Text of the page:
(Moigrad) Sălaj, Romania.
The most important military center in NW Dacia, a
Roman town with canabae, in a region of hills and
valleys, near Moigrad and Jac.
The name, of Dacian origin, appears in ancient sources
(Ptol. 3.8.6; Tab. Peut
Before the Roman conquest, there was a Dacian settlement on the Citera hill, and on the Măgura hill a Dacian cremation cemetery (1st-2d c.).
Porolissum gave the name to Dacia Porolissensis, created by Hadrian in 124. There was a strong military garrison here in two camps. On Pomet hill is one of the largest camps (226 x 294 m) in Dacia. Built first of earth,
it was rebuilt of stone. Inscriptions discovered at the gates
testify to the rebuilding of the camp under Caracalla, and
to the hasty rebuilding under Gallienus. The interior wall
is 1.5 m thick and has two ditches.
At a distance of 700 m NE on Citera hill is another
smaller camp (66.65 x 101.10 m) first built of earth and
later rebuilt of stone. The gates have squared towers at
every corner projecting from the interior wall with
trapezoidal towers inside. There is an inner and outer
ditch. Stationed at Porolissum were Cohors I Brittonum
milliaria Ulpia Torquata pia fidelis civium Romanorum,
Cohors V Lingorum, Numerus Palmyrenorum Porolissensium Sagittariorum civium Romanorum (which later became Ala Palmirenorum Porolissensium) and Cohors I Palmirenorum Porolisensium.
The civil settlement, inhabited chiefly by veterans, developed on the S and W terraces of the camp. Porolissum,
an important center for trade with the barbarians, was
probably a customs station. Entering the province from
Porolissum were roads that started from Aquincum and
ended at the mouth of the Danube, and there ended here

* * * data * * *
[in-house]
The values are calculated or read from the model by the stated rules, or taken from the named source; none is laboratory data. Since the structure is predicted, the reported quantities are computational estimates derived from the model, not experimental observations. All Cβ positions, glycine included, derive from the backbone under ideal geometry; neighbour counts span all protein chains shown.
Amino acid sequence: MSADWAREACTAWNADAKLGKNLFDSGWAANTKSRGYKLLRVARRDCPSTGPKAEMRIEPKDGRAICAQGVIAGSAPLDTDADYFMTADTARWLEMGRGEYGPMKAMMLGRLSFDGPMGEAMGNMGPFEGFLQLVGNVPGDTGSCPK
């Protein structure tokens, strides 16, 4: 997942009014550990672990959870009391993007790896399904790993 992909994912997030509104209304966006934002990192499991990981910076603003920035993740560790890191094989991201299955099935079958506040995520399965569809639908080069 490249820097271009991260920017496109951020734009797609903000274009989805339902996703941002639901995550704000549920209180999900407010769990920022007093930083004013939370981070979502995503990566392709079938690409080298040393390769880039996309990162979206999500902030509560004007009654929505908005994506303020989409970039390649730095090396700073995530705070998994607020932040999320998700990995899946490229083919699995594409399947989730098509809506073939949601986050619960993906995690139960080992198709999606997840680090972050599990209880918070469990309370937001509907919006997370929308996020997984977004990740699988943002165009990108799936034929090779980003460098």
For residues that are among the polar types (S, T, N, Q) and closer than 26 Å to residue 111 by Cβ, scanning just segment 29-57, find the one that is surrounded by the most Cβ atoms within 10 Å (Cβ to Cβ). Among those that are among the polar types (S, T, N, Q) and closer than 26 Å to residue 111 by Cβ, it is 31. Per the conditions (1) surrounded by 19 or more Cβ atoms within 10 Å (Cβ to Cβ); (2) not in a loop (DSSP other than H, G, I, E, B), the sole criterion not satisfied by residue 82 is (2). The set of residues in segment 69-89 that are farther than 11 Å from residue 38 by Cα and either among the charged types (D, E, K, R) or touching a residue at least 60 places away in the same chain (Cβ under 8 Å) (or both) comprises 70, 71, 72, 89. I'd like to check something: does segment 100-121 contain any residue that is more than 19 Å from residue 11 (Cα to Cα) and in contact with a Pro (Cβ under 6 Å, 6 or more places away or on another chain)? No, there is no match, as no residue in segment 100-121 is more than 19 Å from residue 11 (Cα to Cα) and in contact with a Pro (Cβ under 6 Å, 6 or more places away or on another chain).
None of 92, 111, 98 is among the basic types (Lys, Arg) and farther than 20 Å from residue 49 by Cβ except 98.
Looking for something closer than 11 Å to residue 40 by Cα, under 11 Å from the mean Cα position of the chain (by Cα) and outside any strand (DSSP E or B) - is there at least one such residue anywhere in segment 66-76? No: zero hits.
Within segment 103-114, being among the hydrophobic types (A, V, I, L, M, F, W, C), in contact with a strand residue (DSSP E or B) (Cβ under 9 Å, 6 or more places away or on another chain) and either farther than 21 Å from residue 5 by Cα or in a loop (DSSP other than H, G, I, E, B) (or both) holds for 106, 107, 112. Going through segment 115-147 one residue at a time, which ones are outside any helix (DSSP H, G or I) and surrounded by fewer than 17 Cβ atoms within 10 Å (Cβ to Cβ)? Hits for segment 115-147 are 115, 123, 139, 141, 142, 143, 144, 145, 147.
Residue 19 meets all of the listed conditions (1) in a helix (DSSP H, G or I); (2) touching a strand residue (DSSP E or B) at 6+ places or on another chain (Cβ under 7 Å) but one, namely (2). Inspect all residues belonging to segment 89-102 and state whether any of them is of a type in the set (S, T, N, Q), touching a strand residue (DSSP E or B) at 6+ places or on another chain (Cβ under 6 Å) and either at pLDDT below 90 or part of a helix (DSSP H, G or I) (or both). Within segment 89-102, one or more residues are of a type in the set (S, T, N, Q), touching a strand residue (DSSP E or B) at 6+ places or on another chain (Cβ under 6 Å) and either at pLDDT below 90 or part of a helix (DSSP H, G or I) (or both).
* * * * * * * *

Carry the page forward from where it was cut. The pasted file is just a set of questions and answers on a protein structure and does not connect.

the main thoroughfare that started at the Danube and
linked the most important centers of Dacia.
Under Septimius Severus the town became a municipium. Coins prove that it continued to be inhabitated after the withdrawal of Aurelian in 271.
The town had no stone precincts but was defended
from barbarians by limes consisting of a stone wall
alternating with an earth wall and a ditch strengthened
by small earth castella and stone towers.
Excavations at the civil settlement have revealed the
baths, an insula composed of four buildings closely
aligned private dwellings, and a temple to Liber Pater.
More recent excavations have concentrated on the amphitheater, the palestrae, and the necropolis with incineration tombs and small mausoleums on the Ursoieş hill.
The amphitheater, 100 m from the SW corner of the
camp on Pomet hill, is on a terrace. Originally built of
wood, it was later rebuilt of stone in the year 157 by
order of the imperial procurator Tib. Claudius Quintilianus (CIL
III, 836). The arena, elliptical in form, has an
axis 60 m long. It is bordered by a stone wall, built in
opus incertum and plastered on the side facing the arena.
At the E gate, which has two rooms on either side, traces
of the wooden piers of the first stage of construction
have been discovered.
Among the finds are four military diplomas, one of
which dates from August 11, 106, a time at which Dacia
was already a Roman province. Bronze statuettes, an
equestrian statue of the emperor Caracalla, inscriptions
and sculptural monuments, gems of local cutting, are all
to be found at the Museum of History and Art in Zalău
and in the History Museum of Transylvania in Cluj.
C. Daicoviciu, “Neue Mitteilungen aus
7-8 (1937-40) 323-36; M. Macrea et al.,
“Santierul arheologic Porolissum,” Materiale şi cercetări arheologice
7 (1960) 361-86; (1962) 485-501.